Guillermo Michel, Director of Customs

In order to prevent the entry of drugs and contraband material into Argentina, the General Directorate of Customs performs a procedure that involves scanning ships.

The measure began to be implemented in the middle of last year after the assumption of Michael Guillermo in front of the area. To date, the DGA has 24 scanners which are used in ports but also at border posts to fight against drug trafficking and smuggling. At the end of January, the organization moved forward with the concretization of a loan from the Inter-American Development Bank (IDB) to add five additional scanners – in this case trucks – worth 3.5 million dollars each.

It also issued summonses to port terminals operated by private individuals to invest in a continuous flow arc scanner, a technology that requires an investment of between $5 and $6 million per unit, to improve non-intrusive reviews. With regard to the latter, the General Directorate of Customs has only one scanner of this type, located in Terminal 4 of the port of Buenos Aires, and allows the control of 800 containers per day, of which 80% correspond to imports and the remaining 20% ​​to exports. In turn, of that 20% of exports, 80% are scanned and only 5% yield results in situations primarily related to smuggling, he said. Rosana LudovicoDeputy Director General of Metropolitan Customs Operations, in an interview she gave to Telam Agency last January.

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Vessel scanning is a key measure in the fight against drug trafficking. In Rosariowith regard to all exports that operate in the port, it has been decided to scan immediately before being embarked, avoiding contamination under the modality rip off. “Guillermo Michel has taken an interesting step, which is to scan all ships that have come with the Paraguayan flag”underlined the national deputy of the Frente de Todos, Roberto Mirabellewho ensured that the provision of the DGA reduced the entry of drugs into the country.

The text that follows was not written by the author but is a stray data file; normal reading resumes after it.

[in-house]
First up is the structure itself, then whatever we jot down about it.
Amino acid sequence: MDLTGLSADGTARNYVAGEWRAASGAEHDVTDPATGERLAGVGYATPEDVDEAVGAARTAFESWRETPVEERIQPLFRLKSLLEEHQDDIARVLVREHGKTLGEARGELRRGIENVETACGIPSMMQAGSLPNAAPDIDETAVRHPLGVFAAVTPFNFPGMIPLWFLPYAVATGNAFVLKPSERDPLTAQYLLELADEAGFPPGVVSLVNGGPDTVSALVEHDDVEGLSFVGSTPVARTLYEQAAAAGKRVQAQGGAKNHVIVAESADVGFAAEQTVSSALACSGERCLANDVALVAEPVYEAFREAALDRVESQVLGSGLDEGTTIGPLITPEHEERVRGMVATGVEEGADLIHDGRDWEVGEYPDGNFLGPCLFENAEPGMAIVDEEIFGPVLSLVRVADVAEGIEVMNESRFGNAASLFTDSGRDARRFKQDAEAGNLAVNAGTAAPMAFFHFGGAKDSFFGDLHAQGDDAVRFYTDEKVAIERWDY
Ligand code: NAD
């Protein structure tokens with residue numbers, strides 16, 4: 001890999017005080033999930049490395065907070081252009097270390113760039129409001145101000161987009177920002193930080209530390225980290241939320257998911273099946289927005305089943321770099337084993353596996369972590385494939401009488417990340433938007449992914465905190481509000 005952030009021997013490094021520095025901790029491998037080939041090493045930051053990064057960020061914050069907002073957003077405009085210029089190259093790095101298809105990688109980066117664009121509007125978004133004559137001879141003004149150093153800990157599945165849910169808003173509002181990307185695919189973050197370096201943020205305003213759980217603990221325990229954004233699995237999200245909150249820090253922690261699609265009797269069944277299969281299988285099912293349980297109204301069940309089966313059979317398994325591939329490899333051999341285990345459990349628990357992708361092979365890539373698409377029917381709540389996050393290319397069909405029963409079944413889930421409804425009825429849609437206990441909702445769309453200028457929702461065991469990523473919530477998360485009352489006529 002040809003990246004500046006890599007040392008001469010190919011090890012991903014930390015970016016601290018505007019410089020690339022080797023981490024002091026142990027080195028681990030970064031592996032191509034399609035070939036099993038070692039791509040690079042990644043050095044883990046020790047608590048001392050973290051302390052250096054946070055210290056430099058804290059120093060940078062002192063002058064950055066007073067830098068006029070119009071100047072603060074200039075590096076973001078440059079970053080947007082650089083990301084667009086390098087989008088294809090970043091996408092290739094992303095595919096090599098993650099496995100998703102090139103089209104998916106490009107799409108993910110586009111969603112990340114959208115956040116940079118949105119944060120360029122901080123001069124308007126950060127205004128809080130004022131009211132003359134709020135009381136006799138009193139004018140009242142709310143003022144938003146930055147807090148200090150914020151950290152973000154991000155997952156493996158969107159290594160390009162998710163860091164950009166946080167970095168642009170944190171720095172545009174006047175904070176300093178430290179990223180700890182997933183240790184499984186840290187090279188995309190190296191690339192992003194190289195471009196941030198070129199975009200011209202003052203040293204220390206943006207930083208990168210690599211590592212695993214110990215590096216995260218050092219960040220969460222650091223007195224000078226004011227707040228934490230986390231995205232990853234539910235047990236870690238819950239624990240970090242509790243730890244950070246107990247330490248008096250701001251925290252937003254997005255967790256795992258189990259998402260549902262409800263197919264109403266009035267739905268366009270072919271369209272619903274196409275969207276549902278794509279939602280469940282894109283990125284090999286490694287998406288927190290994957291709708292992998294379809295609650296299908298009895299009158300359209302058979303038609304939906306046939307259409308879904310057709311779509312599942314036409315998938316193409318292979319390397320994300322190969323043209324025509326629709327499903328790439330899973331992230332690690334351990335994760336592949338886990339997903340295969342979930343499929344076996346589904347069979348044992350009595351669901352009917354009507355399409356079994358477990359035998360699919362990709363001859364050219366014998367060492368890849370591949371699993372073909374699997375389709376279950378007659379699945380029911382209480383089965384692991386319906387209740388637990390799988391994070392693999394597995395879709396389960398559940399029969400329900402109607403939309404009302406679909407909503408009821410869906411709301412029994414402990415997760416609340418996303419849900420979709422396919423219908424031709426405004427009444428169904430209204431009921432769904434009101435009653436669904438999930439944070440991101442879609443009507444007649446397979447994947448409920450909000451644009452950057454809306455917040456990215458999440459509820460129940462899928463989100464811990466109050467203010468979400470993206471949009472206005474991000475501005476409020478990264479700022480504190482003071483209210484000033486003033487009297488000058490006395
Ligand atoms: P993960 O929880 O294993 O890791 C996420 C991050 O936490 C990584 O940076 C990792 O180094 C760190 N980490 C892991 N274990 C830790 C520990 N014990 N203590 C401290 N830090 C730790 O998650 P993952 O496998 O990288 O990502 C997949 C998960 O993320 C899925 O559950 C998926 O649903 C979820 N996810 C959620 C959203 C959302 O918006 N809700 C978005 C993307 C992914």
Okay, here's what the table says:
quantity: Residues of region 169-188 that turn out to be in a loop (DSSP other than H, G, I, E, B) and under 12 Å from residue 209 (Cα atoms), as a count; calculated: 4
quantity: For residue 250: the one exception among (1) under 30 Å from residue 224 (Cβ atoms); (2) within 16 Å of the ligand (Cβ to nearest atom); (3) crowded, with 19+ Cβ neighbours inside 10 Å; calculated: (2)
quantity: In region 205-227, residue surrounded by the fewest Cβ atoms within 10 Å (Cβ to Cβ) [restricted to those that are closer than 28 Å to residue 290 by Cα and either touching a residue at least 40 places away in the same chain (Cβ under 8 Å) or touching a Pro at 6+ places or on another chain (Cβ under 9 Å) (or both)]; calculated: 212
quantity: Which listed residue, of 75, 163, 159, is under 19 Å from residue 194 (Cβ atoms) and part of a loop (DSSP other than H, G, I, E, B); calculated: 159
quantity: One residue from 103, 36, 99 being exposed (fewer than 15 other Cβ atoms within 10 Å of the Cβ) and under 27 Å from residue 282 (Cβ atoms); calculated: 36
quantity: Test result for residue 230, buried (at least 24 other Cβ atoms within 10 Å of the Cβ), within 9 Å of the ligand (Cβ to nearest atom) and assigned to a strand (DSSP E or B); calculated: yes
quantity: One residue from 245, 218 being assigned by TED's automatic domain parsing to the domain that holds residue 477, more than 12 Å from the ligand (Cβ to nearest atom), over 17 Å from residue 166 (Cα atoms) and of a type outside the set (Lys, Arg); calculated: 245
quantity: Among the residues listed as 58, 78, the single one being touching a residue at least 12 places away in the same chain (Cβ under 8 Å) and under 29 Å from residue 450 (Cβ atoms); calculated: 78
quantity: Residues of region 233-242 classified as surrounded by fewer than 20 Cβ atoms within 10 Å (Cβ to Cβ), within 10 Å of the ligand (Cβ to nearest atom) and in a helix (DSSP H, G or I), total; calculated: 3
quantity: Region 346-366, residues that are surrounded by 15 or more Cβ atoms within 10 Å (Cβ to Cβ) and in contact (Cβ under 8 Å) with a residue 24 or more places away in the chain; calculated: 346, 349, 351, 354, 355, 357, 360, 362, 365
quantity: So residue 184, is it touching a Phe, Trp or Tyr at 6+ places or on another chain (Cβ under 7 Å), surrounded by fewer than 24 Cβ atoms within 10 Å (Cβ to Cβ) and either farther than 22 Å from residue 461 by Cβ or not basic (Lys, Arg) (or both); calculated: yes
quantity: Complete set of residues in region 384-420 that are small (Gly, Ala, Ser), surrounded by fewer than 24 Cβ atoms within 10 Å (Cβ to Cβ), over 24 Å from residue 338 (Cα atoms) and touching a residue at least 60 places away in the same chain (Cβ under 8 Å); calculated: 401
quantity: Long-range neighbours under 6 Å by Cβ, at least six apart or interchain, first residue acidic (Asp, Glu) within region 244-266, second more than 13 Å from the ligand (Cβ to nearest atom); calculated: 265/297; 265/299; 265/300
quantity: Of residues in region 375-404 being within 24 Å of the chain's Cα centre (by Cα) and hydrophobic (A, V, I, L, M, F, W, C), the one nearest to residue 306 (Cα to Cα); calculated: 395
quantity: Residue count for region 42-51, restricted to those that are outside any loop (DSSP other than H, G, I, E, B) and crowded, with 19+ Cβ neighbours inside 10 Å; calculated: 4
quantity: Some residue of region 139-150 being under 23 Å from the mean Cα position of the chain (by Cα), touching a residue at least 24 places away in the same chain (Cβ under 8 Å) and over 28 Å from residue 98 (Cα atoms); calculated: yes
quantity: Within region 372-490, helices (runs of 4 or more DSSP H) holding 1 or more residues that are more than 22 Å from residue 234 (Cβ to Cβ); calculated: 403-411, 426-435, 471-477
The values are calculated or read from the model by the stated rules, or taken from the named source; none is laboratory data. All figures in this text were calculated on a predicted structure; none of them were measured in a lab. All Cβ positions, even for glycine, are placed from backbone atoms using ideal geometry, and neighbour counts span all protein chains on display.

According to Mirabella, “a simple control measure to scan ships that customs put in place” a few months ago discouraged the entry of drugs that were previously detected in Rosario and are now being discovered in other destinations. outside the country, said the legislator on television statements.

However, he claimed that they have “the largest agro-export port complex in the world” and “obviously much more severe control by the naval prefecture, Senasa and customs is necessary”.

It should be noted that between Rosario and the jurisdictions of San Lorenzo and Santa Fe, between 75 and 80% of total exports are controlled. While the port of Buenos Aires controls between 75 and 80% of the country’s total imports.

At the General Directorate of Customs, they argue that they must incorporate at least four additional scanners to “update” and add places where there are none, such as the Bernardo de Irigoyen pass in Misiones (with Brazil ) and the Jama pass in Jujuy.

Speaking to the press, Michel said of the Jama Pass, which allows passage to Chile: “It’s a place at 4,400 meters above sea level that works a lot because of mining and we’re also anticipating all the trade flow due to the lithium issue.”

With information from the Telam Agency.

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